by Saro and Merellia
"'The ss-sayings of King Le... mu... ehl. . Le-mu-el. Lem-uel'" Maxwell listened to the boy as he formed each
word aloud, carefully experimenting with the accents on the name, and
smiled. He didn't know what instruction
the boy might have had in reading before he ended up on the streets, but he
took to it now more like someone who'd been taught and forgotten than a child
learning for the first time. The priest
waited in the door way as he continued, "A... an oracle his mother taught him:
"'O my son, O son of my womb-bh,'" the boy sped up as he
found his rhythm, then paused and asked
"What the hell is a wombh?" He shrugged before reading more. "O son of my vows,
"'Do not spend your streng-th on women, your vig-vih-gor on
those who ruin kings.'"
"Vigor," Maxwell whispered almost inaudibly, wanting to
prompt Duo on, but also reluctant to show himself.
"'It is not for kings, O Lemuel.'" That name again,
and that particular pronunciation. "'Not for kings to drink wine, not for
rulers to crave beer.'" He was doing
better now. Maxwell was getting used to
being impressed by the boy. When he had
first joined them at the church, Duo had only been able to identify street
names by memory. "'Lest they drink and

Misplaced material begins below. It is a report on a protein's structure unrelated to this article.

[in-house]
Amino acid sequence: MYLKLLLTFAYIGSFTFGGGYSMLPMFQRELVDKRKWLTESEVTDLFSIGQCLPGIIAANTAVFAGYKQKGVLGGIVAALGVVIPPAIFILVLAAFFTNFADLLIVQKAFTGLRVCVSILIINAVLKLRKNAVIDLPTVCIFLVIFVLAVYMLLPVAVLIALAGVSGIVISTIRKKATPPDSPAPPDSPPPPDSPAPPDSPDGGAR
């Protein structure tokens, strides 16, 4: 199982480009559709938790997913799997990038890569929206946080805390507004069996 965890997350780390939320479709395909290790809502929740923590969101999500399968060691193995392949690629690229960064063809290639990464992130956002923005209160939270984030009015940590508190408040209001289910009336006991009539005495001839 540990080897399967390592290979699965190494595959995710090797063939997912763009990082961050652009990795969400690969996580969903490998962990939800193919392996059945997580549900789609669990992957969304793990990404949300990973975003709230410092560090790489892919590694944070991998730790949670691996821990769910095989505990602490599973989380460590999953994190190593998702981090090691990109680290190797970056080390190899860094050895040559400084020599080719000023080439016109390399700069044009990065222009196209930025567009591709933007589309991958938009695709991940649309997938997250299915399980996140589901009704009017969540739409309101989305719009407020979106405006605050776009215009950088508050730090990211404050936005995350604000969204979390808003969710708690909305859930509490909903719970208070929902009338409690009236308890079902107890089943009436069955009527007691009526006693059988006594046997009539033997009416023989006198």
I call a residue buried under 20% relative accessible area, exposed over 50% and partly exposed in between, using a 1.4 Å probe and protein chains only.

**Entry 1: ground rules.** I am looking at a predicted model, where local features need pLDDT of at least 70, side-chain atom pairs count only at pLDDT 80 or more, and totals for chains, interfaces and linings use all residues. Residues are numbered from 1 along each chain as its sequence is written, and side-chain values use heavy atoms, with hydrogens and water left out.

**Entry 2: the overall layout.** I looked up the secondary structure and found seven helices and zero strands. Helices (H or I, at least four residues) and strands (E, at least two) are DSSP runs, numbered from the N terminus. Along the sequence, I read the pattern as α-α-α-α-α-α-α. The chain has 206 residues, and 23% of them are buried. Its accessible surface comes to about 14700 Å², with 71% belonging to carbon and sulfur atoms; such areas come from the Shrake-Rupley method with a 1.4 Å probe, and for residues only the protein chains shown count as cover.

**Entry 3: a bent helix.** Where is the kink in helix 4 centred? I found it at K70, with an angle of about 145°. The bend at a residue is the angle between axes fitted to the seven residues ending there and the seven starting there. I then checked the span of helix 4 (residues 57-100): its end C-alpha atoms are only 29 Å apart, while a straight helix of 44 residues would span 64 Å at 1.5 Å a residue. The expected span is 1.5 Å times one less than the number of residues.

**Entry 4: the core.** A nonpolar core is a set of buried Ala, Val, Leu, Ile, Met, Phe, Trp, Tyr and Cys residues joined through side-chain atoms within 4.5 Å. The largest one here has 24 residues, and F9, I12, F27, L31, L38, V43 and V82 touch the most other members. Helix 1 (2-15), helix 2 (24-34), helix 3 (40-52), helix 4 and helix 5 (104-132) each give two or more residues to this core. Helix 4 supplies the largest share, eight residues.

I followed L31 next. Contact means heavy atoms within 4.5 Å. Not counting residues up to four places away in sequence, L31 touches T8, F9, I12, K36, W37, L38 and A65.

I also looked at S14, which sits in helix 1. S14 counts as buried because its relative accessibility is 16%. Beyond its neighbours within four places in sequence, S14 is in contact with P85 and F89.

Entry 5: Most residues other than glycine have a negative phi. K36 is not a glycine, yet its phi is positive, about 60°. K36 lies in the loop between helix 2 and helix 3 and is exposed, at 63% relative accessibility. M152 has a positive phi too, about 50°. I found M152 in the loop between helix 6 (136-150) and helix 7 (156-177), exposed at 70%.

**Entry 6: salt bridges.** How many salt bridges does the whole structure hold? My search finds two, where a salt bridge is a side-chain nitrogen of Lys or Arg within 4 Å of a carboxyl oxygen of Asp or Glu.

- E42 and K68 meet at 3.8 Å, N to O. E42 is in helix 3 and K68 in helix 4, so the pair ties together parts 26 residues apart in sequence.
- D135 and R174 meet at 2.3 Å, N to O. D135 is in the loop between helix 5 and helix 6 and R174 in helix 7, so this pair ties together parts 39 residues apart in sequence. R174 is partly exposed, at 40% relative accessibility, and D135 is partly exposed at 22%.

forget what the law decrees, and deprive the oppressed of their rights.'... who
talks like this?"
The boy huffed, but he kept reading, doggedly. "'Give beer to those who are perishing, wine
to those in ang-u-ish... '" Duo's brow furrowed as he tripped over the unfamiliar
word, his face scrunching up. " 'Let
them drink and forget their po-pove-erty... poverty and remember their misery no
"'Speak up for those who... can't, er, cannot speak for
themselves, for the ri-gits—rights!—of all who are des.. destitud... desti... ' Oh
"Duo," Maxwell spoke up.
"What have I told you about using that kind of language?"
The boy jumped guiltily, his face flushing an embarrassed
pink; whether because of his language, of because he'd been caught practicing
his reading wasn't clear. "Not to," he
replied a little sullenly.
"It's pronounced 'destitute,'" the priest said, allowing the
smile he'd been holding back to grow as he took a seat beside Duo. "Keep going. You were almost done anyway."
Duo's blush deepened, and he started again, hesitant now
that he had an audience. "'Ss-speak up
and jud-ge... judge fairly; defend the rights of the poor and needy.'"
"Very good," Maxwell said, clapping softly. "Now, what do you think of it?"
Duo blinked, confusion written in his wide blue eyes. "What do I think o' what?"
"What you just read," he told the boy, cocking his